Last year’s supply growth was driven by a recovery in Canadian mine production as Brazilian miner Vale’s operations returned to normal and mining ramped up at the Lac des Iles mine. Meanwhile, platinum supply from autocatalyst recycling grew by close to 9% last year, a performance that might have been stronger were it not for a fourth-quarter decline in the face of weaker platinum-group metals prices.
The survey also showed that jewellery scrap rose by 11%, owing to a rise in Japanese recycling that benefited from further development of the country’s collection infrastructure.
Figure 3 Palladium Global Holdings
As for palladium, GFMS revealed that during 2011 the metal’s gross deficit almost halved to 313,000 oz due largely to a relatively subdued 2% rise in global fabrication, which nonetheless reached an 11-year high. This featured a solid 5% lift for palladium autocatalyst demand (also an 11-year peak), driven by firmer demand in gasoline applications and substitution-related gains at the expense of platinum.
These gains were however partially offset by weaker off-take in most other areas of palladium fabrication demand, with the heaviest losses having emerged in jewellery, especially in China, which declined to an eight-year low. As a result, the relatively modest increase in global palladium fabrication was outstripped by a 5% rise in supply, which posted a new record high. In addition to a lift of more than 3% in mine production, this was a function of robust gains in autocatalyst recycling.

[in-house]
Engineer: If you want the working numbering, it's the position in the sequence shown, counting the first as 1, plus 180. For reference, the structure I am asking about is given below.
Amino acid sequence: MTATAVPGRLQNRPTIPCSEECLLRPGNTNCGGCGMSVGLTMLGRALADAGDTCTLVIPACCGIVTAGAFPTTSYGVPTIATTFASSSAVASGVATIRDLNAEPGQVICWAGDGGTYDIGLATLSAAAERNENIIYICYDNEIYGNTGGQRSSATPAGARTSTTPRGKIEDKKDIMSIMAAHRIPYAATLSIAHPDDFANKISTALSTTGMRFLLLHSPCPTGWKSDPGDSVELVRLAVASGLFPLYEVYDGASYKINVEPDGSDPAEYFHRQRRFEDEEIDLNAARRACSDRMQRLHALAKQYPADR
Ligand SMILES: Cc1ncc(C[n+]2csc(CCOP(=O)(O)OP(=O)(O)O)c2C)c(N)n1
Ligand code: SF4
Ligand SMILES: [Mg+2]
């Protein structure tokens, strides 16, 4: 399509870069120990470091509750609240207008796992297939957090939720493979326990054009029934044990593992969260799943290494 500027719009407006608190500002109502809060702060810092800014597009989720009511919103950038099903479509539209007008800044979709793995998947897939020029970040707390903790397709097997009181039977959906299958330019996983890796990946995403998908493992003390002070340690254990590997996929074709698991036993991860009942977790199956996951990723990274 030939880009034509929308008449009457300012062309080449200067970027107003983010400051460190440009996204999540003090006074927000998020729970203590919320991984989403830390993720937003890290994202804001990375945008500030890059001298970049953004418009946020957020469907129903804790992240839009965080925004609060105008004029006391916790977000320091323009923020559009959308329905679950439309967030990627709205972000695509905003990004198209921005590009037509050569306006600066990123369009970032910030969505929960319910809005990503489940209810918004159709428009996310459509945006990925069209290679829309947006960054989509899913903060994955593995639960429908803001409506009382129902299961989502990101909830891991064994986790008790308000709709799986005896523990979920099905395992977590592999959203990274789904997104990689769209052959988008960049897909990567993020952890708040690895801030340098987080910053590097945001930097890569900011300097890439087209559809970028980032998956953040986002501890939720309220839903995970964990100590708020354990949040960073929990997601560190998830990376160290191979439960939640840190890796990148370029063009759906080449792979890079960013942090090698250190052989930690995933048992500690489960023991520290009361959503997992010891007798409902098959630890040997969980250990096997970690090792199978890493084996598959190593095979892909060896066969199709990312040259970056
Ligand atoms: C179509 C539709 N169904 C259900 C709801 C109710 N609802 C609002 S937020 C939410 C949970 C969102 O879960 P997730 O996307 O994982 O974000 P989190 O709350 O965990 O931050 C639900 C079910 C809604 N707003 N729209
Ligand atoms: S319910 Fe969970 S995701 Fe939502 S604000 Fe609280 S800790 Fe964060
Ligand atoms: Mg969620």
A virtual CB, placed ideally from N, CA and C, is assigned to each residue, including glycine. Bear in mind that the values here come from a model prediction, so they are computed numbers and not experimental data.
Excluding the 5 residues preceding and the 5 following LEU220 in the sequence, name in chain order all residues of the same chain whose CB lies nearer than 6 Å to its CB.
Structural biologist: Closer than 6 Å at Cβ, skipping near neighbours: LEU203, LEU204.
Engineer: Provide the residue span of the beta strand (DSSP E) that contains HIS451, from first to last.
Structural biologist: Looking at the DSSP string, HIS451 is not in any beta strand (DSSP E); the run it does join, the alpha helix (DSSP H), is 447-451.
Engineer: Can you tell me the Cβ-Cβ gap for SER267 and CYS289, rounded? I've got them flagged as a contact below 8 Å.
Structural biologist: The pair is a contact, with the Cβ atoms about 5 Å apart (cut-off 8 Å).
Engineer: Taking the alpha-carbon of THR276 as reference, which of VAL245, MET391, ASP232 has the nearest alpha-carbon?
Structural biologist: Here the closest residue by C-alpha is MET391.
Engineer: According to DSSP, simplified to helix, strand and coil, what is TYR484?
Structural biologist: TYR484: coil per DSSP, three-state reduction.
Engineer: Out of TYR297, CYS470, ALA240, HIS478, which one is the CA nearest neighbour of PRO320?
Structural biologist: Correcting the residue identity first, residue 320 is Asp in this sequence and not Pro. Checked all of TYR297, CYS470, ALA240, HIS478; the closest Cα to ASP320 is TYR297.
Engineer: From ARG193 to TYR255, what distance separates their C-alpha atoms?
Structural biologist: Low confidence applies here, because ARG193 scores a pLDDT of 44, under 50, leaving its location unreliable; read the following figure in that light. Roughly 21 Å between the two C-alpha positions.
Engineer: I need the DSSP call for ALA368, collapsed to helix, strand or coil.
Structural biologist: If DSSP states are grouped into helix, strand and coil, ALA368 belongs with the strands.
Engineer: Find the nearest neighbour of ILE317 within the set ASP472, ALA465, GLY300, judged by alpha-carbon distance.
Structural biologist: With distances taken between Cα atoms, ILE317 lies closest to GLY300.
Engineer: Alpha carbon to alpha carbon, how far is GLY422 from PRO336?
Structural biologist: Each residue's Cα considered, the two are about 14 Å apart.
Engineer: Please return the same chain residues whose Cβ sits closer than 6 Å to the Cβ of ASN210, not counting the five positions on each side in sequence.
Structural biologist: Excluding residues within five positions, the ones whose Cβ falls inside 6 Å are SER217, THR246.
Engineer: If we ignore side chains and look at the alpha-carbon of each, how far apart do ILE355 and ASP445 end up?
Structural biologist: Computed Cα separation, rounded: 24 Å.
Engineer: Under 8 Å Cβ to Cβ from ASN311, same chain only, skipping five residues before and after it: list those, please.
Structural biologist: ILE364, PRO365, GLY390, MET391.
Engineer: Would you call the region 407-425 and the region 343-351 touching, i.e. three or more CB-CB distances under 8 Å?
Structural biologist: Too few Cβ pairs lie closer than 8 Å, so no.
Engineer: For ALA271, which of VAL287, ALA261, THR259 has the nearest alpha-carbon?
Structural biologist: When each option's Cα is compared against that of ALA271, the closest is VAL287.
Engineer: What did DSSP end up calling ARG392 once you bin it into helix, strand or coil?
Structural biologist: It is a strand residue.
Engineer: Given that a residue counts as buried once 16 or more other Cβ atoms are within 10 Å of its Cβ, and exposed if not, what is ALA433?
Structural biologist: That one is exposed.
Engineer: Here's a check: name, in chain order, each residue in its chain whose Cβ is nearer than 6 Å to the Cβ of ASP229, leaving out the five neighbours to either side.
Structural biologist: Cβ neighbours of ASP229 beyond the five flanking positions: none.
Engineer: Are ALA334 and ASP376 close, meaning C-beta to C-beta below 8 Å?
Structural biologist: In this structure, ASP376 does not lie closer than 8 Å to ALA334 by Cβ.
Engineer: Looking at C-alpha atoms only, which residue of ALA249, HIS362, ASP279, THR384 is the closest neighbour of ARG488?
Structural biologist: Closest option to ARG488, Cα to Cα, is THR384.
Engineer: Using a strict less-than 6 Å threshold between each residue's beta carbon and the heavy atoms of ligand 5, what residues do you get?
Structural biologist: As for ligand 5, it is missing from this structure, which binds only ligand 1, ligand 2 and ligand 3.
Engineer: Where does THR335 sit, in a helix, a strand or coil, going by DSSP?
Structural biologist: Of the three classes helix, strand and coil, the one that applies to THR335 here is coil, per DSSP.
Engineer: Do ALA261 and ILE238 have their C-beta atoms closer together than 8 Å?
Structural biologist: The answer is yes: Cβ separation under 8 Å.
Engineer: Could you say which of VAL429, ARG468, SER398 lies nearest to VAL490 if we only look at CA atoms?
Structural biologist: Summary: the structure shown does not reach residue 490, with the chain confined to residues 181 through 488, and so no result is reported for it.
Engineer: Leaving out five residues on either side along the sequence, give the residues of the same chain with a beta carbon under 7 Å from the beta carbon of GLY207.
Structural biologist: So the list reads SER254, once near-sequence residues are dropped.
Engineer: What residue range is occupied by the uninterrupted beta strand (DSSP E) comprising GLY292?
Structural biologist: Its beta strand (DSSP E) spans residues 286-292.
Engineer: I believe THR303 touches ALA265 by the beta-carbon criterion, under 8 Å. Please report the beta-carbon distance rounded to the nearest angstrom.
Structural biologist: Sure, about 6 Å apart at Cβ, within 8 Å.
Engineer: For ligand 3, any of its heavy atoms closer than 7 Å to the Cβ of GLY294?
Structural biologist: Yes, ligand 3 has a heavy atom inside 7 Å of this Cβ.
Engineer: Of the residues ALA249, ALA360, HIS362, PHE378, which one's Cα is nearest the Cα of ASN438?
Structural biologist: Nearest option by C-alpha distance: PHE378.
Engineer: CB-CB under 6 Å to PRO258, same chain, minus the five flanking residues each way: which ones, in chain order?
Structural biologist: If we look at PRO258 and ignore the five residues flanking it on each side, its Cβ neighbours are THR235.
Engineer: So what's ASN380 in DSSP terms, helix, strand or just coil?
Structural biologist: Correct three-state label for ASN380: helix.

Palladium prices still posted a record high yearly average in 2011 of US$734/oz, despite a smaller gross deficit, substantial liquidations from exchange traded fund holdings and a reduction in investors’ long-term positions on futures markets. “This followed a dramatic rise in prices during late 2010 and early 2011. And even though last year saw palladium prices fall by 20% on an intra-year basis, the decline was limited to the last four months, and driven very much by profit taking,” Klapwijk commented.
He added that palladium prices were also likely to benefit from the favourable investor climate towards precious metals, while the downside might be limited as palladium’s demand base in autocatalysts was less exposed to Europe and was more broadly based geographically. Overall, palladium is forecast to trade in a range of US$575/oz to US$775/oz through to the end of this year.
Figure 4 Gold / Platinum price ratio
The chart above highlights the discrepancy in gold and platinum prices, largely explained by the fact that gold is essentially an investment metal and a store of value in times of crisis, whilst platinum is essentially an industrial metal. In the near-term and given ongoing financial market uncertainty, it’s unlikely in my view that we’ll see platinum outperforming gold; hence we won’t be swapping our gold exposures for platinum.
For more information, or to discuss your specific situation, please contact me directly.
Founding Director & Senior Resource Analyst
MineLife Pty Ltd